Mortgage Rate Slump to 2-Year Low...but Consumers May Not Bite

Rates for home loans slid as investors snatched up bonds in the wake of an intensifying global trade war.

The 30-year fixed-rate mortgage averaged 3.82% in the May 30 week, down from 3.99% Freddie Mac said. It was the lowest level since September 2017 for the popular product, and its sixth-straight weekly decline.

The 15-year fixed-rate mortgage averaged 3.28%, down from 3.46%. The 5-year Treasury-indexed hybrid adjustable-rate mortgage averaged 3.52%, down 8 basis points.

Fixed-rate mortgages follow the path of the 10-year U.S. Treasury note. Investors are flocking to bonds as trade war worries wallop markets and the end of the economic cycle appears to be drawing nearer. When bond prices rise, yields fall.

Freddie Chief Economist Sam Khater calculates that most mortgages taken out in 2018 are now eligible to be refinanced. But the favorable climate for rates may be of little help to Americans in the housing market. Aside from the usual concerns about whether there will be any properties available for those who want to buy, new research shows that most consumers have little idea about what's involved in getting a mortgage.

A recent study from Fannie Mae shows that most consumers "overestimate mortgage qualification requirements." When asked the minimum FICO score lenders require for mortgages, the median response was 650. In fact, borrowers with credit scores as low as 580 may qualify for mortgages. When asked the minimum down payment lenders would require, the median response was 10%, when in fact many programs, including some backed by Fannie, allow borrowers to make down payments as low as 3%.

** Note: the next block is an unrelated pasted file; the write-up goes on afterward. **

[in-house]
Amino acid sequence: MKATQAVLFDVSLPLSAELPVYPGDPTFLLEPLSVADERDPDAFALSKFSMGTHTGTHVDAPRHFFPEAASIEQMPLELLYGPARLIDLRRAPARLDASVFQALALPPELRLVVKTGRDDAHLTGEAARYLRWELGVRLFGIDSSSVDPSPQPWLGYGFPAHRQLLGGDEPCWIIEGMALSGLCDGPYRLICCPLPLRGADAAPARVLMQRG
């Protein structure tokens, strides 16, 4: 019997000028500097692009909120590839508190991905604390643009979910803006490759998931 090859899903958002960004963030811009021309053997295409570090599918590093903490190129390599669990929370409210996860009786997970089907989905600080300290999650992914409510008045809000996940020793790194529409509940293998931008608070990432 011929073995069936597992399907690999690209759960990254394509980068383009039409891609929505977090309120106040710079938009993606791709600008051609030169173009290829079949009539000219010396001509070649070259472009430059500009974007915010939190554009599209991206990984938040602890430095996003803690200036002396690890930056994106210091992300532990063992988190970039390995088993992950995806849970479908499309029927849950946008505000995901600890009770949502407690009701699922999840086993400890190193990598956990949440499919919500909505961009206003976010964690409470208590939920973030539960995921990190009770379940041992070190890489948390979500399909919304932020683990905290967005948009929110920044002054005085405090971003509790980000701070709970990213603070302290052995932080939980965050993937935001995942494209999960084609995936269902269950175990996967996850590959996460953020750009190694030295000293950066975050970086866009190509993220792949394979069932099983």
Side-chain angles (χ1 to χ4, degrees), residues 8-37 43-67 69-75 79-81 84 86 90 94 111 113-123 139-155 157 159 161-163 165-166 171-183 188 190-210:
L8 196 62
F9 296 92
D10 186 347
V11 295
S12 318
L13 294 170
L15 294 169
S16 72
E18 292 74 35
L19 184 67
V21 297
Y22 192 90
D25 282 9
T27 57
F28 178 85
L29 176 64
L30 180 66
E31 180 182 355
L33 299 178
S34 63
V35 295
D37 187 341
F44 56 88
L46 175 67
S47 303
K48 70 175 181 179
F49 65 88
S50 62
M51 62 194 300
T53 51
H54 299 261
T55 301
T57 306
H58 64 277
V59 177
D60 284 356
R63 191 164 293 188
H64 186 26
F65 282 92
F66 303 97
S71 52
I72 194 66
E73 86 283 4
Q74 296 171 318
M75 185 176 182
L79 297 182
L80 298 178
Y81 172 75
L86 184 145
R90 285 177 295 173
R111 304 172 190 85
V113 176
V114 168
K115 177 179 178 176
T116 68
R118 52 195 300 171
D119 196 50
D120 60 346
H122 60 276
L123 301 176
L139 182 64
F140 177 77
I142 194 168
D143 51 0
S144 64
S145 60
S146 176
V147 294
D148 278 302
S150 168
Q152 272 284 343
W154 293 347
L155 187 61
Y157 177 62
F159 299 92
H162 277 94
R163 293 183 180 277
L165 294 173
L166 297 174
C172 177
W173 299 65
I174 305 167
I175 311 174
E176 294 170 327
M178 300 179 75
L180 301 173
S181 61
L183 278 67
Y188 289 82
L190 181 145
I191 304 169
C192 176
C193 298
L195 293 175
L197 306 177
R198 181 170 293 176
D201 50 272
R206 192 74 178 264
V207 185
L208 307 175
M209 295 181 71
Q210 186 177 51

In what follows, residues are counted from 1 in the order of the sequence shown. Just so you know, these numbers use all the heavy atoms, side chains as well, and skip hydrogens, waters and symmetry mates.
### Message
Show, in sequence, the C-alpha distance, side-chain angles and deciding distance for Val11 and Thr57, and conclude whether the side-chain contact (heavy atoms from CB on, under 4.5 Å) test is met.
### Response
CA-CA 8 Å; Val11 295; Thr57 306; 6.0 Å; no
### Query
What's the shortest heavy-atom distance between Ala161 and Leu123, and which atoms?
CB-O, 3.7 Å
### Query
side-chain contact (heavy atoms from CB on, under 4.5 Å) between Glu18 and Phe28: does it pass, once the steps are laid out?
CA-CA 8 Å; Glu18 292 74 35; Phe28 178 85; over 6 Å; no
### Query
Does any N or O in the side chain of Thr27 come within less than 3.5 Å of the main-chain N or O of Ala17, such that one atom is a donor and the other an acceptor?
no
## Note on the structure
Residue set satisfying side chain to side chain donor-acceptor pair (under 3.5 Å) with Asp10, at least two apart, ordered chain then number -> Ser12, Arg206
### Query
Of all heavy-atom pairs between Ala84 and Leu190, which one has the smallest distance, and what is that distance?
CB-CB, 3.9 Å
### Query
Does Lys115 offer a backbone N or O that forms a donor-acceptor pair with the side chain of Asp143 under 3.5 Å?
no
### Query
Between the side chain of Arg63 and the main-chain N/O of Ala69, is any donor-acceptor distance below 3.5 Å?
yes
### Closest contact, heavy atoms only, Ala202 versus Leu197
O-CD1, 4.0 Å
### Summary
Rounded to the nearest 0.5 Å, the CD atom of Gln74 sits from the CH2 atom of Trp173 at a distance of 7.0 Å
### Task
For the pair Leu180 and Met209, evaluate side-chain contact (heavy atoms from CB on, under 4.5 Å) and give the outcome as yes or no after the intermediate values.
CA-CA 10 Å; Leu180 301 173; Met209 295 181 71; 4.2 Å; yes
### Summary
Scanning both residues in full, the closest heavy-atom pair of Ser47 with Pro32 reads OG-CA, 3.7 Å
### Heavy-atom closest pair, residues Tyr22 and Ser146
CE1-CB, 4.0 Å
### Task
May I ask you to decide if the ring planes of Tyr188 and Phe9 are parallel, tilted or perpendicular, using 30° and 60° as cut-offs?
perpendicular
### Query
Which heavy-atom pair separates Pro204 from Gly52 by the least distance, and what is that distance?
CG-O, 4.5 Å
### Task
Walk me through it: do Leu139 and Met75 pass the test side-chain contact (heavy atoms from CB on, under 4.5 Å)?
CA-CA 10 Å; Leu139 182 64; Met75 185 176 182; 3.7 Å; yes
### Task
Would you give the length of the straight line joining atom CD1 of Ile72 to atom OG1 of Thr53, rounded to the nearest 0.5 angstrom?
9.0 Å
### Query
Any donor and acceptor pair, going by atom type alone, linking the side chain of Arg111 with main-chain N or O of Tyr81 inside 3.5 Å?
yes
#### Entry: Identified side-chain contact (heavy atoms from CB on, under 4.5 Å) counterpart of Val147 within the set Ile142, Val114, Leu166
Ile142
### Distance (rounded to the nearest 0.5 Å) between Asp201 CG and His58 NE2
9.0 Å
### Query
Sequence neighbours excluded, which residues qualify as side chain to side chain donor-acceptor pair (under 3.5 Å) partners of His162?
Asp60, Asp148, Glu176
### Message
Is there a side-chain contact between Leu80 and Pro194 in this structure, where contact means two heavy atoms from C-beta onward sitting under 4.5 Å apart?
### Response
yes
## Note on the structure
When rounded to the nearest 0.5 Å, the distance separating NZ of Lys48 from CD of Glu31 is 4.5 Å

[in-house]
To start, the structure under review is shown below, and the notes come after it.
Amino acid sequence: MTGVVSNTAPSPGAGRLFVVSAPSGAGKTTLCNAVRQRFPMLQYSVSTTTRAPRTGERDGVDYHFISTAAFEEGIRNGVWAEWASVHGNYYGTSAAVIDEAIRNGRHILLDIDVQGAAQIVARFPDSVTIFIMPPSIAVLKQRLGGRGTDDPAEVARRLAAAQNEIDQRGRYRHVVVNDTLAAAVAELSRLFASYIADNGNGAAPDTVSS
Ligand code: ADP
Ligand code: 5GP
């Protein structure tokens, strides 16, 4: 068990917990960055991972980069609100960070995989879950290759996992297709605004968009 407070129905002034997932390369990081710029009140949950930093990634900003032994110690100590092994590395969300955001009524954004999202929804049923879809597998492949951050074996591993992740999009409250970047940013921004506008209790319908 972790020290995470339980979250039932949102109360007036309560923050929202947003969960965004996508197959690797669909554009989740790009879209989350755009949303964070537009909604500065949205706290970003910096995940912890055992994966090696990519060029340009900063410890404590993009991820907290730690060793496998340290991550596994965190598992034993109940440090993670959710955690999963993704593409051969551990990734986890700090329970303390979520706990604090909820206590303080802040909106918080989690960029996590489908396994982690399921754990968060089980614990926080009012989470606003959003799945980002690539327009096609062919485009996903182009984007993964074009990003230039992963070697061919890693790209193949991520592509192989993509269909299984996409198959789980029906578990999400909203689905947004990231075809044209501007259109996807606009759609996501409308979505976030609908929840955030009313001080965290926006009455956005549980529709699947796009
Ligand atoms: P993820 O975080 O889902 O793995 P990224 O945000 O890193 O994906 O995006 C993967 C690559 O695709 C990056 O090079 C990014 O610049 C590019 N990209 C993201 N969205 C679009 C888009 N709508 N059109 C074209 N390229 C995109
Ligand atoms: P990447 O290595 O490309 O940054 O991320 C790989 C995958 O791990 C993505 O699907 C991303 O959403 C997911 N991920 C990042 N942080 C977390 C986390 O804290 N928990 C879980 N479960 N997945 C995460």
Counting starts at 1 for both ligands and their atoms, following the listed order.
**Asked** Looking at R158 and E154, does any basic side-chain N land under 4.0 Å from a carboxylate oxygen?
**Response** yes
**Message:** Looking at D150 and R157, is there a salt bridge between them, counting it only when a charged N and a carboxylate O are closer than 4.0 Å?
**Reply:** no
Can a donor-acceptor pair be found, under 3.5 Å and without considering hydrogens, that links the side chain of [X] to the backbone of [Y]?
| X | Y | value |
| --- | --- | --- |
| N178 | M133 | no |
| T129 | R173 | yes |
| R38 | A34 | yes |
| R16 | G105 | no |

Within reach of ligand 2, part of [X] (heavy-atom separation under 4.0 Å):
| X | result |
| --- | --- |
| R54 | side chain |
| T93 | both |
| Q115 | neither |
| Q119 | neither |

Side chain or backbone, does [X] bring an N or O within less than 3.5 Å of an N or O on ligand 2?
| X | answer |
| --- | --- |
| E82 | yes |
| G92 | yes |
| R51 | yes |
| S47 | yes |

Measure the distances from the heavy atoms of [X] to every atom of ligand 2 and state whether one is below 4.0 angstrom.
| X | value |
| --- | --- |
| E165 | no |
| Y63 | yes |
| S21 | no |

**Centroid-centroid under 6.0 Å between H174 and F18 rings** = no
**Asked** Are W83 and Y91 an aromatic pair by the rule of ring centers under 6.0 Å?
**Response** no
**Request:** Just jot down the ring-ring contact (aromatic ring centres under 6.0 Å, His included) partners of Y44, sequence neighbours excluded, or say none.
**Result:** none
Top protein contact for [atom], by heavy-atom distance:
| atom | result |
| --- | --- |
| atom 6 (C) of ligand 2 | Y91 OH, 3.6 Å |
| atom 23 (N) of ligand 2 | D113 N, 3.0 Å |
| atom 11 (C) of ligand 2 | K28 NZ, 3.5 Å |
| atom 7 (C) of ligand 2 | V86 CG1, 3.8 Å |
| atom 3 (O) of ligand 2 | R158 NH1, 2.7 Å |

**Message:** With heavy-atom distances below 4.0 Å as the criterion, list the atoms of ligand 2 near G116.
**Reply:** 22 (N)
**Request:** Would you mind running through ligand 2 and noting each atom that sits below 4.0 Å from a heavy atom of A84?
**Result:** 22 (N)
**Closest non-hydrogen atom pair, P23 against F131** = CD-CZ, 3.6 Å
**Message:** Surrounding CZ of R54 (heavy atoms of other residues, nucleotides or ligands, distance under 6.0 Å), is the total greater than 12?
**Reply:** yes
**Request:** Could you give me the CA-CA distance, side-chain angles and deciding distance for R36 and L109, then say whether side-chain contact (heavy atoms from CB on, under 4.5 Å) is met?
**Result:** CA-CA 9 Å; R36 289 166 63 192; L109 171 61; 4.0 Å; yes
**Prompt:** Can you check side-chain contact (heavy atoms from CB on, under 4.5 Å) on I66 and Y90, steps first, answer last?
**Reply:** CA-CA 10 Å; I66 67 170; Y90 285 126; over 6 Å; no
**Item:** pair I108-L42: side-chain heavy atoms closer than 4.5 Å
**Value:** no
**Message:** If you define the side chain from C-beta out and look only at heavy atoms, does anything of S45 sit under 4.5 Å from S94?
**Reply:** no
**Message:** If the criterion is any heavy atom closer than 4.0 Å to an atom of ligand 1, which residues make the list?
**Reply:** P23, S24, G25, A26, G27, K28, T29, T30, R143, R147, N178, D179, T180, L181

What does this lack of awareness tell us? Fannie researchers note that it shows that even Americans who do know their credit scores "need to understand what to do with that information." Crucially for the industry, they also note that "misperceptions about mortgage qualifications may be holding people back."

If consumers believe its far more onerous to get a mortgage than is actually the case, "they may avoid further research or preparations, such as saving for a down payment or improving their credit," the Fannie researchers wrote.

But the lack of financial literacy about mortgage lending may be a deeper problem than helping would-be buyers. As the researchers wrote, "Even populations that might seem to be more knowledgeable, such as current homeowners, those who say they are actively planning to become homeowners in the next three years, and those who demonstrate general financial literacy, are not much more knowledgeable than the rest of the population about mortgage requirements."

Source: Andrea Riquier, Market Watch

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